Washington Post] Five days into this disaster, adrenaline is giving way to exhaustion and — for many of those who left their homes amid rising water — a constant, churning anxiety about the future.
are still holed up in shelters or at friends’ houses on high ground,
relying on Facebook videos and word-of-mouth for an answer to the
question on everyone’s tongues: How bad is the damage?
don’t know the state of our house,” said Justin Sylvest, 21, who lives
with his girlfriend and their 11-month-old in Denham Springs, a town
east of Baton Rouge that was among the hardest hit.
The three of
them had been staying since Sunday at an emergency shelter on the vast
grounds of the Lamar Dixon Expo Center in Gonzales, southeast of Baton
Rouge. Sylvest said the shelter had provided everything his family
needed, starting with formula for the baby and clean clothes.
a shelter’s still a shelter, a gymnasium lined with cots with no
personal space or guaranteed quiet — all the more difficult for a young
father who isn’t sure whether his family has a place to live or a way to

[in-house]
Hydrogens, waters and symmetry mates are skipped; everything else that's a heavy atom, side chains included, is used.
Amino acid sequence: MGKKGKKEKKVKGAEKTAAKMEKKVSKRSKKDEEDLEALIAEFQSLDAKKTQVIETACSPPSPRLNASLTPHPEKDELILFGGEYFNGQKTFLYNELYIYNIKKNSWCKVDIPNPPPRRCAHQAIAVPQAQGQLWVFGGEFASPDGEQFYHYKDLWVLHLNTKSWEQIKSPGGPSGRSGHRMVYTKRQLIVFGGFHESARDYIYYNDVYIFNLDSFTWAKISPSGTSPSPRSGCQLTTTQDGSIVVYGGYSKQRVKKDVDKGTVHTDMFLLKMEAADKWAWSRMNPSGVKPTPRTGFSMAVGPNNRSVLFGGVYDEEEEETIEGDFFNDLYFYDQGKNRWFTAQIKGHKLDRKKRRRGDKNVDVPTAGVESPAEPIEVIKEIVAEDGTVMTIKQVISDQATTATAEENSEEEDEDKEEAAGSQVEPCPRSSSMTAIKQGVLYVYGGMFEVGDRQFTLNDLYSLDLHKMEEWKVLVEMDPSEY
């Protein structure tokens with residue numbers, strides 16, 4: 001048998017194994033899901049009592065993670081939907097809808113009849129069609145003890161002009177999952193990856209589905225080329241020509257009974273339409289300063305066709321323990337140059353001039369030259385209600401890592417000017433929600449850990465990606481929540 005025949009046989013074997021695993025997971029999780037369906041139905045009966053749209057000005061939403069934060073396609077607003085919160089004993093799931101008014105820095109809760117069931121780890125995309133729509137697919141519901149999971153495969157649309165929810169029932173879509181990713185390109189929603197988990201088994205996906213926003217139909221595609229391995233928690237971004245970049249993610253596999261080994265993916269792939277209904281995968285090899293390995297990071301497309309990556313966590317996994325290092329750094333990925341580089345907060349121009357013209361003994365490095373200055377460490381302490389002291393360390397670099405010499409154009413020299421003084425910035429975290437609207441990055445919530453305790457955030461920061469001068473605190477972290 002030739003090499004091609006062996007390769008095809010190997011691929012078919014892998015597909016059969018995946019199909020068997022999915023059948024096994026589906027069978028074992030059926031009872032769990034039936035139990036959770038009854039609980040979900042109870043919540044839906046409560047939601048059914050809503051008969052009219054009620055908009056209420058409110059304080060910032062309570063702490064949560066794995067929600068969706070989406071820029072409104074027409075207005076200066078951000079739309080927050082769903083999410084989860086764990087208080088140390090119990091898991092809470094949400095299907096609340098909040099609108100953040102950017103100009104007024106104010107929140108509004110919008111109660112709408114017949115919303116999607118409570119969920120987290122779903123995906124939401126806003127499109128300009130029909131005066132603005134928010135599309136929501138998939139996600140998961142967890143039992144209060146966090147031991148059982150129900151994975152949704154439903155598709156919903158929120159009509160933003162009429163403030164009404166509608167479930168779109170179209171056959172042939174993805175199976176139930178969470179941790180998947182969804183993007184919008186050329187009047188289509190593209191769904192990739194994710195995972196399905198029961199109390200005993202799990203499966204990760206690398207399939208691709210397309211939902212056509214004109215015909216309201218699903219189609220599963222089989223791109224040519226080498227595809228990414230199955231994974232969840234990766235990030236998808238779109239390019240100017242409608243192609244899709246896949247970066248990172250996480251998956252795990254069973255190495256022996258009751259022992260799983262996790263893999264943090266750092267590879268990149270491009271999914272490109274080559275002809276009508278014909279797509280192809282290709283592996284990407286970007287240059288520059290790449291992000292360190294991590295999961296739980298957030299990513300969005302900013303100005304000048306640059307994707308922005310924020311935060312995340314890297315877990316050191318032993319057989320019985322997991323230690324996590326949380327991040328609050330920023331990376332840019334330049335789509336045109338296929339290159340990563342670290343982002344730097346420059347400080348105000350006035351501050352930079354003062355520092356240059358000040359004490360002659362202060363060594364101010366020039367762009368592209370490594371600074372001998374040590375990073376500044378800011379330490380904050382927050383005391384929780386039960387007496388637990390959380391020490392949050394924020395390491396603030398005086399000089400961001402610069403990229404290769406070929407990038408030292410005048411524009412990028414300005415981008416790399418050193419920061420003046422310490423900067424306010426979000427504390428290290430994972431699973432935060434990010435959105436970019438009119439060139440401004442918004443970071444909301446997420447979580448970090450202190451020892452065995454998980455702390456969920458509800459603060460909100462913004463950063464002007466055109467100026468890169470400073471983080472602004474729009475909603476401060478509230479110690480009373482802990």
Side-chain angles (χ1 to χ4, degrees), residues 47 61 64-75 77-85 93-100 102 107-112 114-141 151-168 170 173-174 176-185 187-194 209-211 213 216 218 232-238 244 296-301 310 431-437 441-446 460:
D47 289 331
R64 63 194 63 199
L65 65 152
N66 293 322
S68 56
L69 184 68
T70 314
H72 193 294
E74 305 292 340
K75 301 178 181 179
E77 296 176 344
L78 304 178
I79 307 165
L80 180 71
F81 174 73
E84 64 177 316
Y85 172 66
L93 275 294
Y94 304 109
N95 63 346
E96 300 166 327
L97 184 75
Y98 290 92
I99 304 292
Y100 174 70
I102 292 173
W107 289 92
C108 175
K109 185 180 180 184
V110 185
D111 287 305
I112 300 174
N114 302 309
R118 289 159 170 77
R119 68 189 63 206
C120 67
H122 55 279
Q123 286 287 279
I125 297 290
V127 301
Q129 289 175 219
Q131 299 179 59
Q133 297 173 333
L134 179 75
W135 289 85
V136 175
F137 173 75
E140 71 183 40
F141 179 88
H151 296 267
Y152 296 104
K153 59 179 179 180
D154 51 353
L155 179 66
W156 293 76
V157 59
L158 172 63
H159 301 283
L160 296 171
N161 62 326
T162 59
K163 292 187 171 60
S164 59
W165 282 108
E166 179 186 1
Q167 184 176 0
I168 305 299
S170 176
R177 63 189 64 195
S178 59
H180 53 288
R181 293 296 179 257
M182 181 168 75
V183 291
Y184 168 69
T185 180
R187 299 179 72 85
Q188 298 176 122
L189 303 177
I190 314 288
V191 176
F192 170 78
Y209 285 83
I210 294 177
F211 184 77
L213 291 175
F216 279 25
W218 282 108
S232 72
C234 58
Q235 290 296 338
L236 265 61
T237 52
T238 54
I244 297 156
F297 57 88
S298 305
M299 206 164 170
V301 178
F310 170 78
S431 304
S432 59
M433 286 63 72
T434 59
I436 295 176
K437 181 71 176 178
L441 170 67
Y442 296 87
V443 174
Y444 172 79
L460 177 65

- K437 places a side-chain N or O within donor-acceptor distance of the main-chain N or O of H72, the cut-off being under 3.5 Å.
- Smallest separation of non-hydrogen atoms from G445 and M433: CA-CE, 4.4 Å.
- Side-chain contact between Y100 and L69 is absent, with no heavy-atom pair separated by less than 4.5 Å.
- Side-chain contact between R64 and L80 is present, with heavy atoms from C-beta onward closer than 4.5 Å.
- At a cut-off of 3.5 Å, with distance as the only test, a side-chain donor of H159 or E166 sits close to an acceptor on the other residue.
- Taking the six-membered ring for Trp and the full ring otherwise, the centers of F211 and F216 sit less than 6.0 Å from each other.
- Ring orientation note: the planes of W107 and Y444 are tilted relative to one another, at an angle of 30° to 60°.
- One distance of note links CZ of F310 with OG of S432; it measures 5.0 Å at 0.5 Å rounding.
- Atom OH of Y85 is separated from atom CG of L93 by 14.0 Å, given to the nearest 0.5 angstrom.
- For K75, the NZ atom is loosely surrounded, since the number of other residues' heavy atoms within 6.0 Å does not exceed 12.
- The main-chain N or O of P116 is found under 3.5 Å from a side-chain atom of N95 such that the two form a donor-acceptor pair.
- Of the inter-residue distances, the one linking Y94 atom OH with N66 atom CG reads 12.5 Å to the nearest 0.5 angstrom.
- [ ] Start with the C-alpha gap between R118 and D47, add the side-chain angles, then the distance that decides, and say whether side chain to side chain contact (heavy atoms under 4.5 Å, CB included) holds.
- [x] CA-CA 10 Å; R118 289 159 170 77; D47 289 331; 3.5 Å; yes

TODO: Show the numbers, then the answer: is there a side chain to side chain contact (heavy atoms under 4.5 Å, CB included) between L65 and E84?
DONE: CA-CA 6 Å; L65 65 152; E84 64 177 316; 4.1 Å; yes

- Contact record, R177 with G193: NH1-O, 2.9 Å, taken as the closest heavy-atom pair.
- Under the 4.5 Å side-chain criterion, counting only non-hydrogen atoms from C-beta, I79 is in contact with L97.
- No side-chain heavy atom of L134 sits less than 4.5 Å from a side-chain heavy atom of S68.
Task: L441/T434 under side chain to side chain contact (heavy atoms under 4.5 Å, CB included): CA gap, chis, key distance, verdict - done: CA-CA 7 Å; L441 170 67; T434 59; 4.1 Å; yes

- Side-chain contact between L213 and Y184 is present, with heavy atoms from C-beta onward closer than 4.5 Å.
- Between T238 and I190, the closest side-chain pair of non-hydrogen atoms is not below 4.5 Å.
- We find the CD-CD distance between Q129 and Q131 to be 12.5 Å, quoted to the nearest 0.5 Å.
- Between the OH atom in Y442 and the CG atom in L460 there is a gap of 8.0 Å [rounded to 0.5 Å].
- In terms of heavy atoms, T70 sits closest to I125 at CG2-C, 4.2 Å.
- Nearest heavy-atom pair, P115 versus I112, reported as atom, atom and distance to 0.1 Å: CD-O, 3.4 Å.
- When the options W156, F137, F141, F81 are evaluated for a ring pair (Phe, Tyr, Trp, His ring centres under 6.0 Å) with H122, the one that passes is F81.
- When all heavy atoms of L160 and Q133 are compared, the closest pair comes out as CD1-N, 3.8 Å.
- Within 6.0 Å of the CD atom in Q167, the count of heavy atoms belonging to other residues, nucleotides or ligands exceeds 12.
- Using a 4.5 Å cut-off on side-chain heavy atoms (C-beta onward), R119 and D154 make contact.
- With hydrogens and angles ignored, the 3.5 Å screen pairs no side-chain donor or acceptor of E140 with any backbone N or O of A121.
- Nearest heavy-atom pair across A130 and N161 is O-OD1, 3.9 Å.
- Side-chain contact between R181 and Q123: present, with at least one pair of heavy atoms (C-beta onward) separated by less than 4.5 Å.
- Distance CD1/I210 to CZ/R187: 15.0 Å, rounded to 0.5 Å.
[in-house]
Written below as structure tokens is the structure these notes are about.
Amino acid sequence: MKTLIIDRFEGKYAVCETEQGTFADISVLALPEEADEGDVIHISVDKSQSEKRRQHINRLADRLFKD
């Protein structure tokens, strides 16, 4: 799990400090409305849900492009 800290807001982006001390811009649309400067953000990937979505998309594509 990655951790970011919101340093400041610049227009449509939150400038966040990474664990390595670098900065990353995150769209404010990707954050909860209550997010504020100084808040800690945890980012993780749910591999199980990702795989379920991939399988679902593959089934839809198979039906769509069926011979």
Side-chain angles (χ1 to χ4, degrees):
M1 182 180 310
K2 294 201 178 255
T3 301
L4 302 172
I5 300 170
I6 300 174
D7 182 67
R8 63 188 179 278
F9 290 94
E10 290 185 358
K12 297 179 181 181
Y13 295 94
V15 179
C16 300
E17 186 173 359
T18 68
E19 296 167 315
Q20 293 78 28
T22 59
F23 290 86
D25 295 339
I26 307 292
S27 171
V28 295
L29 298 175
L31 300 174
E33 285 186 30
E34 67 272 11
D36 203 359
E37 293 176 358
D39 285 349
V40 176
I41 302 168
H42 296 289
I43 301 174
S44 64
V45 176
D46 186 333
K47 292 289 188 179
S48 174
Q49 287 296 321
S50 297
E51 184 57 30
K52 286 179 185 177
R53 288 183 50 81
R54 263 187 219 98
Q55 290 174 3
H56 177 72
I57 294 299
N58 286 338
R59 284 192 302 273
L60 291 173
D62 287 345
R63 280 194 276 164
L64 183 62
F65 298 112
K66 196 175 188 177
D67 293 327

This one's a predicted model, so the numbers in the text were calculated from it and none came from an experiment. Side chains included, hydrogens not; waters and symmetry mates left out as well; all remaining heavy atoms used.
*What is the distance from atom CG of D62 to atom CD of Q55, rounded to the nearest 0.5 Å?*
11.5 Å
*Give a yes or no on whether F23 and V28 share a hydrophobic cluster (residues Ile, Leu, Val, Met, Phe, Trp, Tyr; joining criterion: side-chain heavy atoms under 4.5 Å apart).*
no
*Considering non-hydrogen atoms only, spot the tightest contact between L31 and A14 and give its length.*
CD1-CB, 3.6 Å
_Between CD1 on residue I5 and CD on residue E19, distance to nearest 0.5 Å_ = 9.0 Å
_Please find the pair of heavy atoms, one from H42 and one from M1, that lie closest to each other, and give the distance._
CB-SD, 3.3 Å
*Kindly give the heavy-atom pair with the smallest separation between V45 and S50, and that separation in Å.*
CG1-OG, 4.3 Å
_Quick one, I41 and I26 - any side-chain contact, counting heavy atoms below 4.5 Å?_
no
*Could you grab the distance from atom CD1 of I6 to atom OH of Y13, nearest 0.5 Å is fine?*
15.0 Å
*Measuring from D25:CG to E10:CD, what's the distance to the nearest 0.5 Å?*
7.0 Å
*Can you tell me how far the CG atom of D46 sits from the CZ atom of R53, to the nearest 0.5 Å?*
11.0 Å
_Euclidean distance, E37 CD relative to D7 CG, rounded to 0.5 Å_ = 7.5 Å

pay the bills. He said he hadn’t slept much.
“I don’t even know
when I’ll be able to go to work,” Sylvest said, taking a drag on a
cigarette. “It’s going to be a lot getting back to normal.”
After two feet of rain began falling Thursday night, water rose
quickly in Baton Rouge and then migrated east and south, leaving a vast
swath of damage. At least 40,000 homes have been damaged, according to
Gov. John Bel Edwards (D). The death toll has risen to 13.
remain flooded and closed, while schools, businesses and government
offices have been shut down for days. The country has not seen a natural
disaster this bad since 2012, when Hurricane Sandy pummeled the East Coast, according to the American Red Cross.
current flooding in Louisiana is the worst natural disaster to strike
the United States since Superstorm Sandy,” Brad Kieserman, vice
president for disaster services operations and logistics for the Red
Cross, said in a statement. “The Red Cross is mounting a massive relief
operation, which we anticipate will cost at least $30 million and that
number may grow as we learn more about the scope and magnitude of the
devastation.” Read More